Too many landslides

As if this wasn’t enough, Network Rail’s having a pretty torrid time. Landslips seem to be a weekly occurence and they’ve happened across the network. The recent list includes Hanslope on the West Coast Main Line, Harlington on the Midland Main Line, High Brooms on the Southern, Ingatestone on the Great Eastern Main Line as well as Kidderminster – where a parked car was left almost hanging over the track. Up in Scotland, the line to Largs is closed as NR repairs a hefty landslip near Farlie.

And it was in Scotland that a minor landslip catastrophically derailed a ScotRail HST last August, leaving two crew and a passenger dead. Then, in January, a section of parapet from nearby Bridge 328 collapsed (RAIL 923).

These incidents are all reminders that the rail network is old. NR said of the High Brooms landslip: “The cutting at High Brooms is very steep, as the Victorian contractors did not want to buy more land to allow a shallower cut, and their knowledge of soil mechanics was rudimentary. It is also cut through a seam of Wadhurst Clay, which is very poor for constructing earthworks as it absorbs water and does not drain freely.”

NR had already installed remote sensors following a couple of smaller landslips. They triggered an alarm and led to NR closing the line after engineers warned of the risk the latest landslip posed.

The collapsed parapet belonged to a bridge built in the 1840s. When you consider that the design life of a modern concrete bridge is around 120 years, it’s pretty incredible that a 170-year-old stone bridge is still being used.

Of course, NR has maintained and inspected it over the years just like British Rail and all the companies that came before. Perhaps the time has now come for Bridge 328 and its ilk to be replaced? Do we really expect bridges built towards the dawn of railways to cope with the daily loads they receive today?

Earthworks review

The same argument surely applies to many other earthworks? NR commissioned eminent engineer Robert Mair to report on its earthworks following that fatal HST derailment last summer. NR asked him to examine how effective NR is in managing drainage and earthworks, whether it had enough resources, what it might learn from other organisations and whether it’s aware of the latest technology. His report should be published soon. It will make interesting reading.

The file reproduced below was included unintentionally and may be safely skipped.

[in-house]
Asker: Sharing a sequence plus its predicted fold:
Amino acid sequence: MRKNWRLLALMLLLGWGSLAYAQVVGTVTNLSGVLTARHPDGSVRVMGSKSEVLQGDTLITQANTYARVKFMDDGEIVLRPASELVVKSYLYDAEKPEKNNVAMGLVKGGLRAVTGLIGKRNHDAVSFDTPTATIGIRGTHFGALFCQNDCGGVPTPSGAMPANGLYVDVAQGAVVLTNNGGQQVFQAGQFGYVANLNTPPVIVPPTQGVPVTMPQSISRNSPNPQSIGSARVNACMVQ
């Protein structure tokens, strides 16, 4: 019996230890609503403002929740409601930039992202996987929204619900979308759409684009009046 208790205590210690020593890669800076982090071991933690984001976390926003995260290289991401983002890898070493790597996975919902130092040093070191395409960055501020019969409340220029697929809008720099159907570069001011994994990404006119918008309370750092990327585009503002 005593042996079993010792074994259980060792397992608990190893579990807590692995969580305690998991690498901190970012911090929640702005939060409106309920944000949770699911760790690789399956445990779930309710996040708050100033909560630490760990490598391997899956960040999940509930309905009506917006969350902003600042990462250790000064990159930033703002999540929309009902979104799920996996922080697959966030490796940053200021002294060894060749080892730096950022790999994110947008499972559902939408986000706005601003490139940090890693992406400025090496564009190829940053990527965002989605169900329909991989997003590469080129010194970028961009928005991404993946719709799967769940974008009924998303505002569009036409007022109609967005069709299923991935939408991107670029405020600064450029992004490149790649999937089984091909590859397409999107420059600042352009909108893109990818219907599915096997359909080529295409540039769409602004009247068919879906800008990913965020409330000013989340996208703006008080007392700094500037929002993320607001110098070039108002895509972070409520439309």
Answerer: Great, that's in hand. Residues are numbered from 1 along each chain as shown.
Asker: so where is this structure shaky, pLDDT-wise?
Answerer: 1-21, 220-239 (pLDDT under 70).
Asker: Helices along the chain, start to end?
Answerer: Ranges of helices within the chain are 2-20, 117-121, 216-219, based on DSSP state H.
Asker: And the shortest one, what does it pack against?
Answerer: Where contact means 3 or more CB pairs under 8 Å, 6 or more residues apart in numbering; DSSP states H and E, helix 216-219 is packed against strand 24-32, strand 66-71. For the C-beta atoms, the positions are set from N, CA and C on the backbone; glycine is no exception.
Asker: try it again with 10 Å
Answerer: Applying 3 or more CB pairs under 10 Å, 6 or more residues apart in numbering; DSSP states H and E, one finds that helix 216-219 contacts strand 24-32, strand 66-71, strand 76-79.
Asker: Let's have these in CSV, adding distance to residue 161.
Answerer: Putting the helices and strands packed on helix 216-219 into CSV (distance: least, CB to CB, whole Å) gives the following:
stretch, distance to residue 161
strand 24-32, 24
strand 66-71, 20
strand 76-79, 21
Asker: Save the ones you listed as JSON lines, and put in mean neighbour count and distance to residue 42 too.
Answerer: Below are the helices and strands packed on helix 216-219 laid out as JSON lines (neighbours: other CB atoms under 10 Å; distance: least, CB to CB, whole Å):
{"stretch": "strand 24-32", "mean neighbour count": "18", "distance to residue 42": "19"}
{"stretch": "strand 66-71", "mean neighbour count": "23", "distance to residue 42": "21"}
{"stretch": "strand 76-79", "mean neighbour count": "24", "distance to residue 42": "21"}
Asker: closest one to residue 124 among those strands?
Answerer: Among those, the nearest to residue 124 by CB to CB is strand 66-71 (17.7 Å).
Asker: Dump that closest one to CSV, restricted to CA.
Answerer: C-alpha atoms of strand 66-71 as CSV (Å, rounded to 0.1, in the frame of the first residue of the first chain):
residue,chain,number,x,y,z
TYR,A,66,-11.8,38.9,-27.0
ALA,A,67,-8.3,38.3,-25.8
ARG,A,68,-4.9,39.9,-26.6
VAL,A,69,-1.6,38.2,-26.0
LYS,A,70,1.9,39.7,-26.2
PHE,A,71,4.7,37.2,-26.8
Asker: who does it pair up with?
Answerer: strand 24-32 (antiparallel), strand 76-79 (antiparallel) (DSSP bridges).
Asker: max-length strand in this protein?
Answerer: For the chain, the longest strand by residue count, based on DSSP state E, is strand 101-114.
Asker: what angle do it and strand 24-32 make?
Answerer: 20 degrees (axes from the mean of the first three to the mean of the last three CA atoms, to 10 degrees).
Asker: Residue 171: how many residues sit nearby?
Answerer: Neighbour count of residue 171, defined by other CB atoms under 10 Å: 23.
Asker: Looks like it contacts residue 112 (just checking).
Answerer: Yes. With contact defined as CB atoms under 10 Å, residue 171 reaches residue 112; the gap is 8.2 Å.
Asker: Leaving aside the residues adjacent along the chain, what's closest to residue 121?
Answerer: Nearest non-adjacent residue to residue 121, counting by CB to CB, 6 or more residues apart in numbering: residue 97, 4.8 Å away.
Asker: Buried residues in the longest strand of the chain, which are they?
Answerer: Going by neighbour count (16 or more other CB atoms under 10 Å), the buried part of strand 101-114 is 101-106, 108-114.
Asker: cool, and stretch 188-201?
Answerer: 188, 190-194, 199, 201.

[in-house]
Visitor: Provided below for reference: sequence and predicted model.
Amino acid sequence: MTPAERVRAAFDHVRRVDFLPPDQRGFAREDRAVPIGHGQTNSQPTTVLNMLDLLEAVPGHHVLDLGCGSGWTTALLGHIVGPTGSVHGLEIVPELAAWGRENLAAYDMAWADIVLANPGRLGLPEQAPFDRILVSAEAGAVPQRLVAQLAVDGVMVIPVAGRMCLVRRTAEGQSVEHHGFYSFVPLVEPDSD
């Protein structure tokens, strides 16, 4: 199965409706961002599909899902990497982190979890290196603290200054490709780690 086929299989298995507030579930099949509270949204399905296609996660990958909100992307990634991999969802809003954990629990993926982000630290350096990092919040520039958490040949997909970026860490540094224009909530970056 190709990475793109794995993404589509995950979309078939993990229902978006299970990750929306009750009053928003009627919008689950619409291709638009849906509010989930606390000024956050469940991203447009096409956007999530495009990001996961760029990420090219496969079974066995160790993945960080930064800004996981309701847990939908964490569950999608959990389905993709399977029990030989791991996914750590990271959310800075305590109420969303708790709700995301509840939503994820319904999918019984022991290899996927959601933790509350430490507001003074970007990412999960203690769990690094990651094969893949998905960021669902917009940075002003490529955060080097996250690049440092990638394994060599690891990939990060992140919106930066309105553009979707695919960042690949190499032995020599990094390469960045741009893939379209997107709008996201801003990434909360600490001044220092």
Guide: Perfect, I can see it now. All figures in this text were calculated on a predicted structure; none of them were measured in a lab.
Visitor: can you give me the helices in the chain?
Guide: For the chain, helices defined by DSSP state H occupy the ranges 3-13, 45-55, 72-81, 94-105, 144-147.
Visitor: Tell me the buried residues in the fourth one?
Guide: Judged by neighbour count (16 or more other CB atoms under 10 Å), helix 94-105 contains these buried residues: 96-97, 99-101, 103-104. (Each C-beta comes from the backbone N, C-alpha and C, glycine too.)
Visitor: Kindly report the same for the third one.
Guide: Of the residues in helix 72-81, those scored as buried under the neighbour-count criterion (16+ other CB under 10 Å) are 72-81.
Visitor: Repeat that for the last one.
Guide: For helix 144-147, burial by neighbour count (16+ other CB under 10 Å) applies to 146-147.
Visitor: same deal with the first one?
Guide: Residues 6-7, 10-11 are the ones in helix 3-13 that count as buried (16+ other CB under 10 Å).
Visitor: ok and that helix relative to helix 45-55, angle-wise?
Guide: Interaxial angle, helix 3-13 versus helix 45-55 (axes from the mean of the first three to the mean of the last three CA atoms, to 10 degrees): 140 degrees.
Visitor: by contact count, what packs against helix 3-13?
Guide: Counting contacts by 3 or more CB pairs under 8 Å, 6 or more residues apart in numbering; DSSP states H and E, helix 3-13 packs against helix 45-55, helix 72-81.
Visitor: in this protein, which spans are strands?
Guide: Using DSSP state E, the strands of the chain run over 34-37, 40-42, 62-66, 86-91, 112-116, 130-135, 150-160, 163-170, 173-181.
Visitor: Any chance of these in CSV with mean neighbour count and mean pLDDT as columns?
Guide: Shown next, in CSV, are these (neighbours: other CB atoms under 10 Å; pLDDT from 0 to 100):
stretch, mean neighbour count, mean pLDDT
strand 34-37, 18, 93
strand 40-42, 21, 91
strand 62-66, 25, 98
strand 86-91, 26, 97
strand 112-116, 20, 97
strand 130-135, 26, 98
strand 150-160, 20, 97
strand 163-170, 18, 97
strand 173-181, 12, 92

I hope it helps reassure people that the railway is safe. Most potential passengers won’t have noticed the recent landslides because there’s so much else going on. But you can be sure the rail trade unions have, particularly those representing train crew and other on-board staff. I’m sure they’re asking questions and they’re right to do so.

Yet the financial implications of moving away from fixing landslips when they occur or inspecting and repairing elderly bridges are huge. Bills could run into many millions to bring Victorian earthworks and structures up to modern standards. Lines could be closed to passengers for months.

It’s likely that rail’s funders will want to continue funding maintenance and repairs rather than wholesale renewals. It’s cheaper on a year-by-year basis but we’re approaching a time when NR and its funders will need to consider what the best long-term answer is.

If rail is to provide a resilient alternative to roads, it can’t go through winters with lines closed and trains diverted. But resilience costs money when you’re dealing with a network built on ageing foundations. And at the same time, the railway is holding out for money to electrify and for money to ease pinch points. More than ever, Network Rail looks like a financial black hole – whatever funding it has, it will always find ways to ask for more.

Answers on a postcard, please…

A version of this article first appeared in RAIL Magazine on February 24 2021.

By Philip Haigh

Freelance railway writer, former deputy editor at RAIL magazine - news, views and analysis of today's railway.